Water availability and security of supply is a critical issue for the minerals industry as an essential input to mining and minerals processing and maintaining safety.
Water use by Australia’s minerals industry is comprehensively regulated, represents a comparatively small share of national water consumption and generates high economic value. Gross value-add per gigalitre of water used in 2016-17 was $272 million for coal mining, $141 million for metal ore mining and $64 million for non-metallic mineral mining and quarrying.
Mining’s water use as a share of national consumption also fell from 3.9 per cent to 3.7 per cent between 2014-15 and 2016-17.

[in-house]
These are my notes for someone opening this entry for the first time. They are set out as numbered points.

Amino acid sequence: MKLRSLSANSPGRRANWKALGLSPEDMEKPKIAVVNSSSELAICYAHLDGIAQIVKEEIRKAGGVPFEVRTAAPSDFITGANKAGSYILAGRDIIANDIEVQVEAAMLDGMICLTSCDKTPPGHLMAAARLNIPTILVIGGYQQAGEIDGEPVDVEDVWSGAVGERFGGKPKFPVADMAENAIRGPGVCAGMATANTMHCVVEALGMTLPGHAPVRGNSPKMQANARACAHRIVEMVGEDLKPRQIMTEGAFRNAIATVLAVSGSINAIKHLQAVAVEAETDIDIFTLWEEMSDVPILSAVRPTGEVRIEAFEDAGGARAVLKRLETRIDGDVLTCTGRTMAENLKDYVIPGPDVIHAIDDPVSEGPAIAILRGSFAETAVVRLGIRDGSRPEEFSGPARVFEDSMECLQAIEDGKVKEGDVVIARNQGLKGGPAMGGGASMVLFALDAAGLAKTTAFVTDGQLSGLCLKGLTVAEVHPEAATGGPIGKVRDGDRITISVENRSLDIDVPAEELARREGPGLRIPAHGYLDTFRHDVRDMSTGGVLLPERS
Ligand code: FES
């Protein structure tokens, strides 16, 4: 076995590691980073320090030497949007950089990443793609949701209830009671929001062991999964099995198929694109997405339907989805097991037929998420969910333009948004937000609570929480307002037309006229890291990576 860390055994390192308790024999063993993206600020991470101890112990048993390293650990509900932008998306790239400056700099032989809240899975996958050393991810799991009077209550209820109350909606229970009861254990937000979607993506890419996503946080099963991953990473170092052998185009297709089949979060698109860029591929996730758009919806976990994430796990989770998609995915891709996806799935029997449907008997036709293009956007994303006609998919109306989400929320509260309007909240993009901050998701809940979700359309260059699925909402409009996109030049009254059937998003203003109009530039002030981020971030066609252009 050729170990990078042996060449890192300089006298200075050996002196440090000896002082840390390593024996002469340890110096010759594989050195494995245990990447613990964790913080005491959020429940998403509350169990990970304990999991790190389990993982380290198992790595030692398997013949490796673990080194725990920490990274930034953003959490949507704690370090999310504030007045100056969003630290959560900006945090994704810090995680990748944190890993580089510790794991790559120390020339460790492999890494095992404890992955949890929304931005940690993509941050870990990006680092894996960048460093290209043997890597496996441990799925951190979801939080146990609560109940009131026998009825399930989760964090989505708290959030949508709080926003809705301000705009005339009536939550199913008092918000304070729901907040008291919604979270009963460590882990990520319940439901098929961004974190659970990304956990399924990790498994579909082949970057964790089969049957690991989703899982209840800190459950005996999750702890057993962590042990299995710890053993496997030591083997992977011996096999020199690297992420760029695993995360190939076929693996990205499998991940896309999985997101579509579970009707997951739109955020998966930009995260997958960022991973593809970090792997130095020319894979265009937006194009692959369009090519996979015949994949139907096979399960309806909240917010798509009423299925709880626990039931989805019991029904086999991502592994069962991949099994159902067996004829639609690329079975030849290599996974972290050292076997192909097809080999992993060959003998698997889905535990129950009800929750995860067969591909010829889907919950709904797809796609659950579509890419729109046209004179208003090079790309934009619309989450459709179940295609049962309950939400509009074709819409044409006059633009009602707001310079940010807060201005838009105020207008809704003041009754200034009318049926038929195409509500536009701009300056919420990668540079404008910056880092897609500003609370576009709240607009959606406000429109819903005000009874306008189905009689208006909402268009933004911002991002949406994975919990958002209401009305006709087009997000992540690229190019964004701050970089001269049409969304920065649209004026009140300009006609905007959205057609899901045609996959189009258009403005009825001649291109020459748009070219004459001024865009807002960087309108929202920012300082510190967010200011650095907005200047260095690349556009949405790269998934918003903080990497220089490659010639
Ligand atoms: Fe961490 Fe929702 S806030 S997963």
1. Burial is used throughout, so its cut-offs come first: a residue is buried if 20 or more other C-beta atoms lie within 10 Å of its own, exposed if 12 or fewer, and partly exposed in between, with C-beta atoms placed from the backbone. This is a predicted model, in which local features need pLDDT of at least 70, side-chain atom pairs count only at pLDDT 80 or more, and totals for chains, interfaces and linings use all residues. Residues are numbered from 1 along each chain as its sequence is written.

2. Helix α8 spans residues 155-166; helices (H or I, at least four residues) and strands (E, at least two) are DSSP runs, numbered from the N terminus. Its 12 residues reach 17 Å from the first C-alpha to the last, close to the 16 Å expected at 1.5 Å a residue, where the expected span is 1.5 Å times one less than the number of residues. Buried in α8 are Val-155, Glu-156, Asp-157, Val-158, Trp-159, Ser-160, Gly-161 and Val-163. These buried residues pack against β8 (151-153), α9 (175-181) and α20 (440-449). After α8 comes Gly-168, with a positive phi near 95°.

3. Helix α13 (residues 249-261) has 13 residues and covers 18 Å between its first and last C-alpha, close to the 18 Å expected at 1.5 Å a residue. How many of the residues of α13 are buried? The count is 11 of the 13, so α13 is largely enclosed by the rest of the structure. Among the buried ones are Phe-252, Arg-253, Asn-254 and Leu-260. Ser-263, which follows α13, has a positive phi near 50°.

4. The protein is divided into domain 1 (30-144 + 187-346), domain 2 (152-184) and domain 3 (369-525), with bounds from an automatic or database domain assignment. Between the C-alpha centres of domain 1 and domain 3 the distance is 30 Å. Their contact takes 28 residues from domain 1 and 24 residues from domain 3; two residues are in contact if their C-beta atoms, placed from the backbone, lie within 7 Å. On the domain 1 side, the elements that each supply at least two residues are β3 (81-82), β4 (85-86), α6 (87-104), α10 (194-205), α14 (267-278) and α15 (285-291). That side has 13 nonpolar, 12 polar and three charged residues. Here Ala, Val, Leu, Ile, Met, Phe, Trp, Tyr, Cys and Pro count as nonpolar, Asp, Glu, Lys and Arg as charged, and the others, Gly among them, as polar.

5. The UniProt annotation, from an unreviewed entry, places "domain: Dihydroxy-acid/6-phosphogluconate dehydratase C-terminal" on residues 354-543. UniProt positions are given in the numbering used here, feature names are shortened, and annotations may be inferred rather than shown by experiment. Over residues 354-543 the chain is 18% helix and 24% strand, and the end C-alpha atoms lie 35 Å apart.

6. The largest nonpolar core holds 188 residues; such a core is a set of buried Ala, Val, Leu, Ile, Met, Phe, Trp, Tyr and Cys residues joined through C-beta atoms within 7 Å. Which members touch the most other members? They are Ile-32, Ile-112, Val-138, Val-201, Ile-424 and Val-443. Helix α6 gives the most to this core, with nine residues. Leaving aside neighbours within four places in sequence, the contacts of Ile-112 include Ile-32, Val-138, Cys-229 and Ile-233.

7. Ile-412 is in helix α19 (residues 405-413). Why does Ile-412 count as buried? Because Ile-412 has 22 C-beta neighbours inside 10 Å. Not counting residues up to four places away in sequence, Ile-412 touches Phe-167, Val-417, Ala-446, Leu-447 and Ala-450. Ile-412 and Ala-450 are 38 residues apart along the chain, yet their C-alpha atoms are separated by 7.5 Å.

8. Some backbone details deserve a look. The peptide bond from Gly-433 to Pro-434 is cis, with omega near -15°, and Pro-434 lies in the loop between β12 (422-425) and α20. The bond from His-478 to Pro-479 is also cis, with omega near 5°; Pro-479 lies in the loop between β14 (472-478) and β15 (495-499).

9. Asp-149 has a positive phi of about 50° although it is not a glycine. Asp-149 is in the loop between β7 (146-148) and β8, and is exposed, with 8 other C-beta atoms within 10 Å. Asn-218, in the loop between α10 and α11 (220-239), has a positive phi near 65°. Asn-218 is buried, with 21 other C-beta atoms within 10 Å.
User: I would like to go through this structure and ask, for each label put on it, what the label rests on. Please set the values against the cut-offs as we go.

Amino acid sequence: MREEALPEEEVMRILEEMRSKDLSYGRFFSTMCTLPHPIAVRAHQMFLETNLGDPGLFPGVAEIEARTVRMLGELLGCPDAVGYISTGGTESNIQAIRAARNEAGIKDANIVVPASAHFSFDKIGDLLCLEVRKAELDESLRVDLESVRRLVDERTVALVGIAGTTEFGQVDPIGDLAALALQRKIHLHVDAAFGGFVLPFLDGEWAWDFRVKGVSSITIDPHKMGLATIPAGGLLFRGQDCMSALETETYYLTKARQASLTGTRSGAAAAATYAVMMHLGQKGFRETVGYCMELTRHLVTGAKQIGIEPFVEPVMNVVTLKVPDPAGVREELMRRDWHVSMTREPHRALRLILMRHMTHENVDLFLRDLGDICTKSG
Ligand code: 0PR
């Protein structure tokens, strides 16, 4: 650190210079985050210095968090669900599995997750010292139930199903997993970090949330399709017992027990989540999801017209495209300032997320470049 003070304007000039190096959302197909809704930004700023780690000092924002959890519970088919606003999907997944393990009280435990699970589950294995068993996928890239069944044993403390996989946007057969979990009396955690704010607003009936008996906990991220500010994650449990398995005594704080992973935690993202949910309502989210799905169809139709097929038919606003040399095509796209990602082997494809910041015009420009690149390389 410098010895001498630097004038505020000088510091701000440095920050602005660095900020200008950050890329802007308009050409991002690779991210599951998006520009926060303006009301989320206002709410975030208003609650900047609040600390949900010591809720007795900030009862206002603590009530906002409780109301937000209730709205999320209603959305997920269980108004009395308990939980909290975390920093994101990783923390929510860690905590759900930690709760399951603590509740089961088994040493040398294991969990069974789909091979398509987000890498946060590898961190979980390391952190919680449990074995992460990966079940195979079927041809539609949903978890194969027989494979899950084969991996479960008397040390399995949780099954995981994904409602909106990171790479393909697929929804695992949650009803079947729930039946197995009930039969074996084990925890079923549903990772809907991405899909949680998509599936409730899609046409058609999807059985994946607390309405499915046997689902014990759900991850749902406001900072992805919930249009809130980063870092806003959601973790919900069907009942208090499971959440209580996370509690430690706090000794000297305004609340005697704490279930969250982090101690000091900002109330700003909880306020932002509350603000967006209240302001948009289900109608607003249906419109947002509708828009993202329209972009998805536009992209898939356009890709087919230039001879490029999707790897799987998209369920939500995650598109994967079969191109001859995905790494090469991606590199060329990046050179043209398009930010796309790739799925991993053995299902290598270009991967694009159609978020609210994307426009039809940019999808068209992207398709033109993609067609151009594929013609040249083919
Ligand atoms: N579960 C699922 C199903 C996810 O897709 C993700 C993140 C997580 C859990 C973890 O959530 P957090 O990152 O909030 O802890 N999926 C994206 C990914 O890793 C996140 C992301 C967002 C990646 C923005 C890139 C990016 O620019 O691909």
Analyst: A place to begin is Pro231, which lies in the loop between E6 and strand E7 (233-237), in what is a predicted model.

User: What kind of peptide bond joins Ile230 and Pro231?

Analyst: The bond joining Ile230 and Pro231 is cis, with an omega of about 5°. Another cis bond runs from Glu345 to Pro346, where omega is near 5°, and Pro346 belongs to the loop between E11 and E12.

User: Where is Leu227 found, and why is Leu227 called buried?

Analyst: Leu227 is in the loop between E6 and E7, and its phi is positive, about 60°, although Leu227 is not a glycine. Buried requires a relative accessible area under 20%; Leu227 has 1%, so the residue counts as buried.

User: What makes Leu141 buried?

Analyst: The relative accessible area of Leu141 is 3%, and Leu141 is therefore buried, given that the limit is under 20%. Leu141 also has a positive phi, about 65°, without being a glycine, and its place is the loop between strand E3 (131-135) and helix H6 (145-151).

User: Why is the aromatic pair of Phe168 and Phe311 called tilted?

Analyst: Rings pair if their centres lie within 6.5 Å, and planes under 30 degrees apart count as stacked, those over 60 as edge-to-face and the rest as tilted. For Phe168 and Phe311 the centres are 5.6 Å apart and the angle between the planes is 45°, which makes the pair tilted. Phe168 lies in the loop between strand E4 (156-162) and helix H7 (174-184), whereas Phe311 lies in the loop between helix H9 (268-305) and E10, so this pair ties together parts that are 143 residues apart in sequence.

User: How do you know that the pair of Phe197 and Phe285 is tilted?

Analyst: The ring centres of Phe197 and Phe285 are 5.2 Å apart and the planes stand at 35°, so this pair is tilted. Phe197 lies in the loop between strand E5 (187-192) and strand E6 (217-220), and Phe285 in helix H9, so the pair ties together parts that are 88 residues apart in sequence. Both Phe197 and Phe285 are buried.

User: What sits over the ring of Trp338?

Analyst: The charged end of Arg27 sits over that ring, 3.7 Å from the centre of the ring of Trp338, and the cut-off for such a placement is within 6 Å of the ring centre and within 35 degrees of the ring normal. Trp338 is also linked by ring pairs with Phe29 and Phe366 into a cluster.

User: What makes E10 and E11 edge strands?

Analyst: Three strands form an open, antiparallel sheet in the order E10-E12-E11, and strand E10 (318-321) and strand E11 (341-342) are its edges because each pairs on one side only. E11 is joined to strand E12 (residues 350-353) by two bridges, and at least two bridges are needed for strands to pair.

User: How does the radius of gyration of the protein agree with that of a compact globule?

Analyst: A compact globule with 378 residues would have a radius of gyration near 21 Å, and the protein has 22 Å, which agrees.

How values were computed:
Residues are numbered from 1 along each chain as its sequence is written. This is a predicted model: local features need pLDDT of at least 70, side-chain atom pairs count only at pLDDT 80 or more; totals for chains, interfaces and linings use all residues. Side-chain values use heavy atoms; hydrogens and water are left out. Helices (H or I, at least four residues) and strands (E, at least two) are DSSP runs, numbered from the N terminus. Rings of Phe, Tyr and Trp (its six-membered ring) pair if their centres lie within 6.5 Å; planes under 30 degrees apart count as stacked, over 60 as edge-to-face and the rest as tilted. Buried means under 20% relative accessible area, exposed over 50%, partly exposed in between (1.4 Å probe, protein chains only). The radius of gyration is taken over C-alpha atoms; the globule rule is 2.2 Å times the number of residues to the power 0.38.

Although the minerals industry is a comparatively small user of water nationally, the industry can be a significant water user at a local or regional level. The minerals industry continues to work to further reduce its water use in line with a long-standing commitment to responsible water management, which includes:
- investing significantly in water infrastructure to support sustainable water use
- identifying opportunities for beneficial water use by third parties, including for agricultural production and town water supply
- supporting and investing in research and development to improve scientific knowledge of local water system and catchment health.
The mining industry is committed to active and open engagement with stakeholders including other water users within regions to support regional economic development and diversity and to maximise beneficial re-use of recycled water.
The MCA has led a landmark effort to better understand the industry’s water use and future needs through the development of a water accounting framework for the Australian minerals industry.